Tuesday, 9 December 2014



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1960 - Italy/France (Cino del Duca/Produzioni Cinematografiche Europee/Societé Cinématographique Lyre)

DIRECTOR: Michelangelo Antonioni
SCRIPT: Michelangelo Antonioni
MUSIC: Giovanni Fusco

    When L'Avventura was screened to the audiences of the Cannes Film Festival in 1960 it was actually booed by the large majority of the critics and both Antonioni and the female star of the film Monica Vitti pretty much legged it from the cinema. I guess it tells us a thing or two about those critics. It has happened to so many masterpieces though. At first misunderstood and underestimated, the time and devotion of the fans eventually give those films well deserved justice. It's such a common pattern it's almost a rule. Which, in turn, is unfortunate, since where's a rule, there are bound to be exceptions. Oh dear, oh dear, oh dear...

Like on many occasions before regarding some of the other directors, I am not really familiar with Antonioni. Of course, I do recognise the name and I do recognise a reasonable number of the titles of his films, but let's face it, I sat down to watch L'Avventura with as much bliss as ignorance could only provide me with. And I'm glad. Why? Let me put it this way: at hundred and forty minutes it is a fairly long film. And it's also, for most part, rather boring. Should I have known how it was going to end and that there is really not much to wait for, I would have struggled much more to watch it in full. I simply kept going hoping that some incredibly clever and surprising twist in the last minutes would turn my opinion by 180 degrees and triumphantly laugh in the face of my feeble faith and doubt. The twist did not arrive however and with regret I must say, I cannot blame those booing critics in Cannes, even if my disappointment is of a more silent disposition. To me, in all honesty, it's not even a film proper. It's an experiment that backfired. An experiment that should have been repeated after ironing out the flaws and mistakes of the first attempt. There's an ambition here, and a concept, and an artistic vision, but what is lacking is the end result.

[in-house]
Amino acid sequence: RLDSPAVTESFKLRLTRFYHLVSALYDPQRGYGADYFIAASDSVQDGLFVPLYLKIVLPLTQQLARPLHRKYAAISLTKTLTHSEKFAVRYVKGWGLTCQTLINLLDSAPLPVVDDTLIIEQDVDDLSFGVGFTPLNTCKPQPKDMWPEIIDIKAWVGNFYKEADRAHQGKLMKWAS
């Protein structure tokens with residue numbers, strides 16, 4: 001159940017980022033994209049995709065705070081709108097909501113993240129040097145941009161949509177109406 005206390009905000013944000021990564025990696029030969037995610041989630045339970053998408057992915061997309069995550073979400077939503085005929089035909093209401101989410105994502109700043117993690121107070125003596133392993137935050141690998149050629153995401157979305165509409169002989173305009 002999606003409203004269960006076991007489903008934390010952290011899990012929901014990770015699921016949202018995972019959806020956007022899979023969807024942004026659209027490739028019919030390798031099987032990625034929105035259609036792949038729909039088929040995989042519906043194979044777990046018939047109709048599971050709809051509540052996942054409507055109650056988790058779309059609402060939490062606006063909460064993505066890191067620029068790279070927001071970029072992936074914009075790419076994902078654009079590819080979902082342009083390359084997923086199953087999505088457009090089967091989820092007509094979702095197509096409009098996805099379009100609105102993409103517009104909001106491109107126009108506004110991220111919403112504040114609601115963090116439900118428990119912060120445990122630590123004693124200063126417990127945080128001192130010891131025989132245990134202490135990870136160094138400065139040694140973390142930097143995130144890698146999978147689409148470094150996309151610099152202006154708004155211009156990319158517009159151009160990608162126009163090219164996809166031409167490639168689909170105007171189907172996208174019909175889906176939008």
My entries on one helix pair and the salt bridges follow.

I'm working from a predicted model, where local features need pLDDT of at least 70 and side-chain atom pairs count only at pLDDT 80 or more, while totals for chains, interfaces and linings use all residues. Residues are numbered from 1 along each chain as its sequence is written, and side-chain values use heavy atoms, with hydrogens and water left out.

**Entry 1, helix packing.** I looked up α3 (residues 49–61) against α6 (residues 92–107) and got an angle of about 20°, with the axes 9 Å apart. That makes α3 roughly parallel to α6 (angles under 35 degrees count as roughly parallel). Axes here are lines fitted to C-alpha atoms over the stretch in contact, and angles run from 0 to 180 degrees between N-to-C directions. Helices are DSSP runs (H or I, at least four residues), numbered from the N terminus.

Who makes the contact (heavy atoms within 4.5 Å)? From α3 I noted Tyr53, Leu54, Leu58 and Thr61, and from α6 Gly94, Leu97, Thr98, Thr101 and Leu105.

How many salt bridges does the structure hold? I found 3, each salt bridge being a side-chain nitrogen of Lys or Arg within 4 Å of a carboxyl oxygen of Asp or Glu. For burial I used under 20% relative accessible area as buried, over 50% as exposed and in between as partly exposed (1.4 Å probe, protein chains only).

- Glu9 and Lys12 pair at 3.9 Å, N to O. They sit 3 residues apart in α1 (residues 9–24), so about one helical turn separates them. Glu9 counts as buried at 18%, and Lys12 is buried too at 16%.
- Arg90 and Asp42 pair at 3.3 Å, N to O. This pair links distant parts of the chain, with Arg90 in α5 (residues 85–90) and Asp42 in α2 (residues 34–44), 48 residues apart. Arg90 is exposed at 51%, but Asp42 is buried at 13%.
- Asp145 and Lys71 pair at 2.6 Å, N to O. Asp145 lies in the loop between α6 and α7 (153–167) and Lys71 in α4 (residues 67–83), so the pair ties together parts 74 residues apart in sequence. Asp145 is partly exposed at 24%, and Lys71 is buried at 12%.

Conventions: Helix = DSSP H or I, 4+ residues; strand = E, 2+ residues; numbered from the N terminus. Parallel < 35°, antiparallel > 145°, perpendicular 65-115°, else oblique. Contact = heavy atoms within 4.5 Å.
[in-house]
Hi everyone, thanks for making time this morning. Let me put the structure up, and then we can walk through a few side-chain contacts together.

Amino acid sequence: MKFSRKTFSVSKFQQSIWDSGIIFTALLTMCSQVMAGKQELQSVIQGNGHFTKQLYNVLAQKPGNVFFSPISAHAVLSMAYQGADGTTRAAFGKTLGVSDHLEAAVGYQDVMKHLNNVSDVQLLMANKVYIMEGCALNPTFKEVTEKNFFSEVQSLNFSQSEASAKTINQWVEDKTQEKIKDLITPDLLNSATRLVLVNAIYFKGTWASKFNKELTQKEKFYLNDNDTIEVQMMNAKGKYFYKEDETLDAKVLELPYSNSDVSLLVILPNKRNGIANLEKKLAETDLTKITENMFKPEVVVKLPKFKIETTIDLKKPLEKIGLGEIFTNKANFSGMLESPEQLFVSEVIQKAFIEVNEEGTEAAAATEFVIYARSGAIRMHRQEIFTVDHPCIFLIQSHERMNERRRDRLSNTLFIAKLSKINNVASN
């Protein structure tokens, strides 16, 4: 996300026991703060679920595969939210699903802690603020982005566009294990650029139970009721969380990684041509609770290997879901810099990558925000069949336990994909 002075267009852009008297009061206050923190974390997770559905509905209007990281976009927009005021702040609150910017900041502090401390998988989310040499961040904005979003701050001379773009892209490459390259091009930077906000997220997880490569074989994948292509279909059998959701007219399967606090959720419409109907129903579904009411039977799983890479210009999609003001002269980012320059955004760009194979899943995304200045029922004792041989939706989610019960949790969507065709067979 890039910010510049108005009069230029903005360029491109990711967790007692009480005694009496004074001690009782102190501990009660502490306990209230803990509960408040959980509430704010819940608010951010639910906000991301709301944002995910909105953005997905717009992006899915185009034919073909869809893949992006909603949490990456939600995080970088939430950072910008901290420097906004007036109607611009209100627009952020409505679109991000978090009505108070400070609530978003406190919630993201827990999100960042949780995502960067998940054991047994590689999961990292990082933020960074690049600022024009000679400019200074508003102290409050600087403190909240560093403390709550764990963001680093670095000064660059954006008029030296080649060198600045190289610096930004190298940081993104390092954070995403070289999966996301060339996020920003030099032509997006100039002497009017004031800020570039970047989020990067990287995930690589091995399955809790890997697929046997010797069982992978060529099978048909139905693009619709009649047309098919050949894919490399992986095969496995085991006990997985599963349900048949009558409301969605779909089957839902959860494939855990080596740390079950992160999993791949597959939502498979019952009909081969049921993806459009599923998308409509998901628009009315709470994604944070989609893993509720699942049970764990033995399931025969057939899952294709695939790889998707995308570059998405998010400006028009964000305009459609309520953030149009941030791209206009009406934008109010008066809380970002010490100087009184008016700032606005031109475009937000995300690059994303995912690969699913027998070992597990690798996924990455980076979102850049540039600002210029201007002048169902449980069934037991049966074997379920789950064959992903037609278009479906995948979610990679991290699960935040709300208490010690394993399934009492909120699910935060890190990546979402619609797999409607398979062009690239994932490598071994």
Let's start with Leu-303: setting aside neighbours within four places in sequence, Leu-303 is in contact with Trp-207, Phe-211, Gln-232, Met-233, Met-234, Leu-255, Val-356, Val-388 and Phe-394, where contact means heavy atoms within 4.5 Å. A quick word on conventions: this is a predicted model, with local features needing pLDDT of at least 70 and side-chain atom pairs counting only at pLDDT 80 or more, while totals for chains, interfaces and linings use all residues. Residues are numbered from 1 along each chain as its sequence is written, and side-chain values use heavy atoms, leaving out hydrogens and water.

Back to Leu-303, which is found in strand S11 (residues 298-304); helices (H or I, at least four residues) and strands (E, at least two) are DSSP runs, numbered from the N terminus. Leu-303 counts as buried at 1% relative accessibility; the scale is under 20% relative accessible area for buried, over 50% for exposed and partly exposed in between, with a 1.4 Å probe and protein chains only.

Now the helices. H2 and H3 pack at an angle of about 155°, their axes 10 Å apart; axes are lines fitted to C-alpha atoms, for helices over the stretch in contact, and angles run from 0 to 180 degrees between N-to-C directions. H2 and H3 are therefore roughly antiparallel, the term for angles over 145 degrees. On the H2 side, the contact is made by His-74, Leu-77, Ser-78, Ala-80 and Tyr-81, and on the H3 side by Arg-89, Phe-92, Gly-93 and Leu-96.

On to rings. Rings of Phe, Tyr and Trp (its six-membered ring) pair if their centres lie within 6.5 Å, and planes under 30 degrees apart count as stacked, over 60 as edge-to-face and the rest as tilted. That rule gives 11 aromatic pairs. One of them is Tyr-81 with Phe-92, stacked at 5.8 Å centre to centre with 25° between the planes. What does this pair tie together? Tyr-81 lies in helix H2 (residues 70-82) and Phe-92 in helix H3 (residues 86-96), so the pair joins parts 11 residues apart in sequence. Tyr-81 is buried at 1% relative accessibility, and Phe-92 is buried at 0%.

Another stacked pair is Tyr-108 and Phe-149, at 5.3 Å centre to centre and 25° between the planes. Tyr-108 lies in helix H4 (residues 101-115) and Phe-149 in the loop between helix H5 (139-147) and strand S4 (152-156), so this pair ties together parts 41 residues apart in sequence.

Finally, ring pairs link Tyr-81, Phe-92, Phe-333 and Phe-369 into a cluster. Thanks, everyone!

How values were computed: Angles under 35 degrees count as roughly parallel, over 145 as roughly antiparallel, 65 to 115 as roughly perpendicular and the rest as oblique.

I am not disappointed by the lack of the explanation of the plot's main mystery. I can a) cope with that, and b) I'm actually happy with it. I must admit, this is actually one of the things I feel strongly positive about here and I was glad to had read that although a scene in which the mystery is revealed was shot, it did not make it to the final cut. The problems here, as I see it, are far more substantial. One of them being, how do you judge a work of art that was supposed to be edgy, provocative and revolutionary more than fifty years ago? It's a universal problem with modern art, I'm afraid. Duchamp's urinal or Hirst's shark share the same fate. They don't shock us today, their controversy life-span was impactual, their shock-wave atomic yet one-offesque. L'avventura's hit between the establishment's condescending eyes had a similar character. It shook and questioned (and even displayed a rude gesture to) the way films were being made... before. So for us (anyone younger than seventy I guess), raised on the cinematic achievements that came since, all there is in this film is what's left when you sieve the rebellion out. Which, for me, leaves not much at all.
Can't be the story, because the story is thin.
Can't be the music, because there's almost none.
Can't be the acting, because it's not always very good (with some performances touching on absolutely dreadful).